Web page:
In their insightful Harvard Business Review article, “An Anthropologist Walks Into A Bar,” Christian Madsbjerg and Mikkel Rasmussen argue that qualitative research gives companies the ability to bridge the “complexity gap,” or what a study of 1500 CEOs revealed as their main challenge. Why do customers do what they do? You must do qualitative research to find out. And, by extension, you must do qualitative research to innovate.

mads

 

Qualitative research is explicitly about revealing detail. Qualitative research shows how people are using products, or how these products sit and gather dust in the corner of the kitchen. Qualitative research, particularly field-based research like ethnography, offers that path to delivering truly different products.

Companies that do ethnography regularly uncover entirely new or different ways to deliver value to customers. Oftentimes, this is done unsystematically. Skillful product and brand managers know that observing everyday life can reveal the how and the why of product failure.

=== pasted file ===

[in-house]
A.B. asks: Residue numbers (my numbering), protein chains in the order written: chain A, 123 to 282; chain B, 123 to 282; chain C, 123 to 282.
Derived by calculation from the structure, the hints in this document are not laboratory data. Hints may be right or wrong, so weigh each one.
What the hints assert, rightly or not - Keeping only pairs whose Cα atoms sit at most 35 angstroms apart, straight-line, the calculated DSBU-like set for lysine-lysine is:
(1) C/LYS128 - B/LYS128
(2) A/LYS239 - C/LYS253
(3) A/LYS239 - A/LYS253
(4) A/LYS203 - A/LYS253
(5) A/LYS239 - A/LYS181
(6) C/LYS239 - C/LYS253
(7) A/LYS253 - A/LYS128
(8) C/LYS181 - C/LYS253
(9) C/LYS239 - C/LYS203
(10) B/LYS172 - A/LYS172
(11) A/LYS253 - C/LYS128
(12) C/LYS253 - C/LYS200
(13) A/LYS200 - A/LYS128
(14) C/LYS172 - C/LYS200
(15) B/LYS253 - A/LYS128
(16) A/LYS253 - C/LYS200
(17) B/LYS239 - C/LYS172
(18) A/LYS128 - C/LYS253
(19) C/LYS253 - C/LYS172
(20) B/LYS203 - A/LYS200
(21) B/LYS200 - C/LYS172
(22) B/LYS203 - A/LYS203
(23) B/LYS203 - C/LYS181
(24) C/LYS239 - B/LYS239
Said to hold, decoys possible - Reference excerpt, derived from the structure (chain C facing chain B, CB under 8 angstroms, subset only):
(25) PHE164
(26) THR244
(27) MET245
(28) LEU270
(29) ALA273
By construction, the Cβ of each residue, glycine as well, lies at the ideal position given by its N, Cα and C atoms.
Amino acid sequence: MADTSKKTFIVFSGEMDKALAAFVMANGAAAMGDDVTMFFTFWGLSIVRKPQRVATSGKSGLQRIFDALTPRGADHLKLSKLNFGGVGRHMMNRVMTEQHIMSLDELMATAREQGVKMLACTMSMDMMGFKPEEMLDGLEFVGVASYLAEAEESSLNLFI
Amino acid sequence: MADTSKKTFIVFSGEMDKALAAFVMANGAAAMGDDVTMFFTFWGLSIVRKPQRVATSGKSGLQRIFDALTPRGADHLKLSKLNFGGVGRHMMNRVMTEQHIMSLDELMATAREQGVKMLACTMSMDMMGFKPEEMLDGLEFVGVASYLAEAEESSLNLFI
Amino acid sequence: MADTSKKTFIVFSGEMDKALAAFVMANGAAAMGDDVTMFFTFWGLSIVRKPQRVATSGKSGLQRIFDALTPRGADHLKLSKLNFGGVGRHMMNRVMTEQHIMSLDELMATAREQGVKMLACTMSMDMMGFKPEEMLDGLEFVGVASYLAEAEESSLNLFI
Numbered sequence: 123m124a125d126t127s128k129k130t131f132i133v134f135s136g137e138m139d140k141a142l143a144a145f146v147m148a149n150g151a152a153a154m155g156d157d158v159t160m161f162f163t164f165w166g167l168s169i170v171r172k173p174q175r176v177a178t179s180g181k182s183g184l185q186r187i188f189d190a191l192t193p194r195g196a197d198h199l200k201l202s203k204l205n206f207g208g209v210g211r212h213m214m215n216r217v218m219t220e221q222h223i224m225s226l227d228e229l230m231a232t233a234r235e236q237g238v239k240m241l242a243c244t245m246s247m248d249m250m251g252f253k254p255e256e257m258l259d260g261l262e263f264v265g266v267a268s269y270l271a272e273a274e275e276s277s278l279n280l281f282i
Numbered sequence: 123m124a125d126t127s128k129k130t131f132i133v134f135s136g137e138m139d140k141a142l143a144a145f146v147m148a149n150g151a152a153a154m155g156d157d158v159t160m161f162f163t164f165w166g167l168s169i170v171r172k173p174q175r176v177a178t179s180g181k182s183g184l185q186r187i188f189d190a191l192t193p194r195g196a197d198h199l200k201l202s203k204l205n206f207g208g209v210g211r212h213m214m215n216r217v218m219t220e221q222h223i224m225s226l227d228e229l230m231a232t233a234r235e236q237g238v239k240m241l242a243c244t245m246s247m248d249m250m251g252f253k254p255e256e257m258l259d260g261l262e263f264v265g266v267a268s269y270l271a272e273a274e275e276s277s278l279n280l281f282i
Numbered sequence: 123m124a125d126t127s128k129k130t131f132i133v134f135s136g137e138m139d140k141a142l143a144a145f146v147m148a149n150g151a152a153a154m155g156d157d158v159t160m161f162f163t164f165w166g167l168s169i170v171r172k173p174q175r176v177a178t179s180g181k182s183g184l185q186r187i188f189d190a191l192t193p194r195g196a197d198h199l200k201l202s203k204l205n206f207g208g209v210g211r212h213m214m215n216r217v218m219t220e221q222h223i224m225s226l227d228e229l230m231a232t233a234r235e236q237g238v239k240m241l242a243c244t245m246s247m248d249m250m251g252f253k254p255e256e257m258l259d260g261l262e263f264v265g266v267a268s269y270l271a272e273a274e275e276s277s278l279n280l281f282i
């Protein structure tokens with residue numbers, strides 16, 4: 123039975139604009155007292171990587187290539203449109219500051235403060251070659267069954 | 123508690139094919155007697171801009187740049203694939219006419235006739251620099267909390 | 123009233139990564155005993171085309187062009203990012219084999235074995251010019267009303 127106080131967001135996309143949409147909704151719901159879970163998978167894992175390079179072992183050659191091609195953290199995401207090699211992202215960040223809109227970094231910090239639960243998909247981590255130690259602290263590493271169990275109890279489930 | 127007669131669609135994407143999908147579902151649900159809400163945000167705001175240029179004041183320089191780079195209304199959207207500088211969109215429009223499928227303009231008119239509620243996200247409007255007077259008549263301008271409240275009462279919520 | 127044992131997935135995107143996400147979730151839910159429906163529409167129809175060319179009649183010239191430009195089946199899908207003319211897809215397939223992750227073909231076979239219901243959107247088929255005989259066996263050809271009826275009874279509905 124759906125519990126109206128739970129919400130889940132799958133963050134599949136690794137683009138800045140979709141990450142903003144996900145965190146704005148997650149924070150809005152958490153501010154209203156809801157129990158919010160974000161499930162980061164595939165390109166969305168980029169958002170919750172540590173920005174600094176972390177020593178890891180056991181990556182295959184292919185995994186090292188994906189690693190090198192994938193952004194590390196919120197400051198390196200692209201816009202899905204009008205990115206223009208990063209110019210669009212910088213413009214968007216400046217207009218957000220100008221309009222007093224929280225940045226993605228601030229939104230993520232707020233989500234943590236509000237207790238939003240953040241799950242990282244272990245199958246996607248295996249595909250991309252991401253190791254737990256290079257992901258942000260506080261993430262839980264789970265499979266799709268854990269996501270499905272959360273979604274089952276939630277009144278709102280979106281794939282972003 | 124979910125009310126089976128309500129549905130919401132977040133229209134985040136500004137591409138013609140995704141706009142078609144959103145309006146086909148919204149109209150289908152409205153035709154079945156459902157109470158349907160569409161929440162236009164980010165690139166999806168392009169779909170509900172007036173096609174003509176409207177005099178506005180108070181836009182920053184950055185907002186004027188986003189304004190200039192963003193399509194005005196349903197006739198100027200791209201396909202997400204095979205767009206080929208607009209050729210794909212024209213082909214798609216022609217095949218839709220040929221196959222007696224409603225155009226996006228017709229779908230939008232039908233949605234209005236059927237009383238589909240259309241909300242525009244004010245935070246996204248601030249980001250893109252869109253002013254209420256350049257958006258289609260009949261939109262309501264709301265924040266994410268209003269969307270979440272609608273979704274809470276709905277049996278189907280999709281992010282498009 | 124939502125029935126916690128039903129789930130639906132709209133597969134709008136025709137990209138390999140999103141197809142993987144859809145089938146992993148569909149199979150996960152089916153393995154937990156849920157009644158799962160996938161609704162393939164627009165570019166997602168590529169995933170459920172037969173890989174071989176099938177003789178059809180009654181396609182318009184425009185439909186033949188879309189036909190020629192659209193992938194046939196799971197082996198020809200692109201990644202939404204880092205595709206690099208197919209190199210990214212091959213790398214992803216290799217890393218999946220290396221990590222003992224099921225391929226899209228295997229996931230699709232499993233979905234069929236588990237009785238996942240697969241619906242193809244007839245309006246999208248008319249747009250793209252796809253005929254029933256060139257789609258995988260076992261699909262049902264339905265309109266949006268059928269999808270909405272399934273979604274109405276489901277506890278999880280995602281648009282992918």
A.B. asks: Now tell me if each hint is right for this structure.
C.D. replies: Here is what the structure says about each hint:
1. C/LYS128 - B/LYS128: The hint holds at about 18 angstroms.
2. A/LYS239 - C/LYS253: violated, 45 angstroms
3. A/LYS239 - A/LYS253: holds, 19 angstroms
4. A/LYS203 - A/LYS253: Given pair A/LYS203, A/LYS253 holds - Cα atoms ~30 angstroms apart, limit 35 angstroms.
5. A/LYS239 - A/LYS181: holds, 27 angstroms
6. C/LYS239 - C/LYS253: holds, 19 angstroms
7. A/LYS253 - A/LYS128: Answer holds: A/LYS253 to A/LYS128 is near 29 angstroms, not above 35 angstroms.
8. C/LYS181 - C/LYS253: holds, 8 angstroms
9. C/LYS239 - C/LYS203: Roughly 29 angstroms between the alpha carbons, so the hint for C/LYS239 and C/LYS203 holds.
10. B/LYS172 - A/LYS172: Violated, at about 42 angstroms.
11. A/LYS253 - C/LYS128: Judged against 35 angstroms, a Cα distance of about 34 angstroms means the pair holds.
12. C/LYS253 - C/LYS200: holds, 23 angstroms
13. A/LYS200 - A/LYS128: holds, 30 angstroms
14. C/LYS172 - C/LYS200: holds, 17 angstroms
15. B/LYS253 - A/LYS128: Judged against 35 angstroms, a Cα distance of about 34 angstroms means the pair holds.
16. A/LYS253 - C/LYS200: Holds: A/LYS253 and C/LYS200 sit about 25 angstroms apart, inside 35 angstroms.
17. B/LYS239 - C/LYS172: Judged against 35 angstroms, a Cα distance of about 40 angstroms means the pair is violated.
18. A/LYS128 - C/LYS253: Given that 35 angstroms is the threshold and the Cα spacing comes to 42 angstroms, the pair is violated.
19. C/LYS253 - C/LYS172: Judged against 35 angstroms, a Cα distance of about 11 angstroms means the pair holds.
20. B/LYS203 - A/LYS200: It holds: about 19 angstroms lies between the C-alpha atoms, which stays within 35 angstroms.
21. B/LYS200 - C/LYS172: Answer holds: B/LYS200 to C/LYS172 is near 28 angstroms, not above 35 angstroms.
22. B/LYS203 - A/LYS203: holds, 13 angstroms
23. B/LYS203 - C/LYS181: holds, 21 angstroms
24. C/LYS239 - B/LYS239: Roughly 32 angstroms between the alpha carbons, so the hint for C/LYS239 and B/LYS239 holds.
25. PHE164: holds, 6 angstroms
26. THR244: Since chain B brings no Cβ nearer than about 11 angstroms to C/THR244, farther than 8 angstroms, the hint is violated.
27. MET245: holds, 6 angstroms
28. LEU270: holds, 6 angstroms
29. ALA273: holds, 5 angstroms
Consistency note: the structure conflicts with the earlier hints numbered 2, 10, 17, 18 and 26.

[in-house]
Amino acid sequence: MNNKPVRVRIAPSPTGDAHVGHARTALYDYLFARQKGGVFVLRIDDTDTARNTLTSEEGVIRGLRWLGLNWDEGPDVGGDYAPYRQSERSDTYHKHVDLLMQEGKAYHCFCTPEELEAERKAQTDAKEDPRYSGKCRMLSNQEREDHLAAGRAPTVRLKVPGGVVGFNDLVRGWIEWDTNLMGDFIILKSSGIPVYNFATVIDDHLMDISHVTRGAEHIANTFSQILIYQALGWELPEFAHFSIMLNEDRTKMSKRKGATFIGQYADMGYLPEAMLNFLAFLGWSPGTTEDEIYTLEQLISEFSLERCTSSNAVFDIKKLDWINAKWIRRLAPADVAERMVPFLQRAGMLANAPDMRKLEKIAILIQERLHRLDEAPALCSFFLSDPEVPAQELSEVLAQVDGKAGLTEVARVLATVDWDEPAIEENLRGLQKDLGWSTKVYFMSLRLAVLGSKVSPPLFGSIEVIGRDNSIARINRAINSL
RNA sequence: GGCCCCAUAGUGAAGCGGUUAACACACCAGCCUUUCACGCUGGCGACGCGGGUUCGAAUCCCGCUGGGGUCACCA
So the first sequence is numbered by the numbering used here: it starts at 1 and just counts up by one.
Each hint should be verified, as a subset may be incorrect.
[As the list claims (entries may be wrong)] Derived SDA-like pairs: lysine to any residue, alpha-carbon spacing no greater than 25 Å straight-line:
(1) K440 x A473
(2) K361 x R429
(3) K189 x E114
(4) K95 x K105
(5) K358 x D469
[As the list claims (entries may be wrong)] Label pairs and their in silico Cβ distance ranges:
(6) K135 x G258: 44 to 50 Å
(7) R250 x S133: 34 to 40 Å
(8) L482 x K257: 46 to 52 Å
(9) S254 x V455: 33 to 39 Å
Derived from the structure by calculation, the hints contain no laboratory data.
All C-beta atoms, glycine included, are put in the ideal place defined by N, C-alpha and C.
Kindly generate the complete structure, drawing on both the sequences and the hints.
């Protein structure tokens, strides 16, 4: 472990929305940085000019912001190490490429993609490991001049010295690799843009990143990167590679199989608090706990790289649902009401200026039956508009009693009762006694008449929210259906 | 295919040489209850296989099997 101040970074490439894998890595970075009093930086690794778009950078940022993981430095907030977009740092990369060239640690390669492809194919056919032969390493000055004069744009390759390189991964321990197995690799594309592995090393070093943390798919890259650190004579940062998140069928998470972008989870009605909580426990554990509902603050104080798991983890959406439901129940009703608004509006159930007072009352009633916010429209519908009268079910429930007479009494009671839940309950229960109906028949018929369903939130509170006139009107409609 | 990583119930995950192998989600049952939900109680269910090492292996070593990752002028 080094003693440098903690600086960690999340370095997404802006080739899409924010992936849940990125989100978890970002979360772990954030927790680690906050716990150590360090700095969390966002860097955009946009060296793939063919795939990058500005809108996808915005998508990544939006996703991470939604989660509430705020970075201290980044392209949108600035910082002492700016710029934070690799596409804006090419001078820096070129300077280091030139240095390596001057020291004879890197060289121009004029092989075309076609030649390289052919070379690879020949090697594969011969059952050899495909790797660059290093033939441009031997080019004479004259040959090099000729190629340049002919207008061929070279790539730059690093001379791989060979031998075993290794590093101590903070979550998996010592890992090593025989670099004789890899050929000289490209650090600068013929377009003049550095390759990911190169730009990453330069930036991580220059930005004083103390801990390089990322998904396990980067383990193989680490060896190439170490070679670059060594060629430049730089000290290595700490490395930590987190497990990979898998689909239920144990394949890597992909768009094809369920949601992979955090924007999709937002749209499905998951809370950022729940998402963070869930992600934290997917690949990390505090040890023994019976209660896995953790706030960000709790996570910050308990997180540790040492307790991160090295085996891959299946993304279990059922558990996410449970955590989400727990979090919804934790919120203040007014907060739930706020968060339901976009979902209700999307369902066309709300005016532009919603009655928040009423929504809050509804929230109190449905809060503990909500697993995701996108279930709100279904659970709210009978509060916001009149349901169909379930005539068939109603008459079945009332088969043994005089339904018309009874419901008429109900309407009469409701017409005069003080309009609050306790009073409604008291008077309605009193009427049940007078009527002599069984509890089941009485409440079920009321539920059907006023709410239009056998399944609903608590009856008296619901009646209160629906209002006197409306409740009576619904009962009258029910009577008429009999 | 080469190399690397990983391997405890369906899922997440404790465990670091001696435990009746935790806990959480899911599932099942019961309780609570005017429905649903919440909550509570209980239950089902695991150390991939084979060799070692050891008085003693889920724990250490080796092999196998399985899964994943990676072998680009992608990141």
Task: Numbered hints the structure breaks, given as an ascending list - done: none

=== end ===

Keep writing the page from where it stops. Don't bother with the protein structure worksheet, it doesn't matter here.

Nike is a great example of a company that is in touch with culture. Its marketers are largely acknowledged to be among the best in the world. Its product innovation is continual, and its brand equity is unparalleled. Even their lab-based researchers like the fabulously named Gordon Valiant are active members of the running community.  His lab-based practice is complemented by regular participation in running events, where he comes into contact with other runners.

Valiant conducts in-lab studies systematically, but observes human behavior in an ad hoc way. Imagine the advantage to companies that do this research systematically. Imagine having a steady stream of insight into real people and why they do what they do. Imagine having thick description of painful workaround work, and regular replenishment of unmet customer needs.

That can only come from systematic, regular, and rigorous qualitative research.

Compare that to a company tirelessly benchmarks its quality, productivity, and speed. The company with qualitative insight into human behavior will have almost limitless potential to do things differently, to deliver new products or services, to find entirely unexamined oceans of product innovations.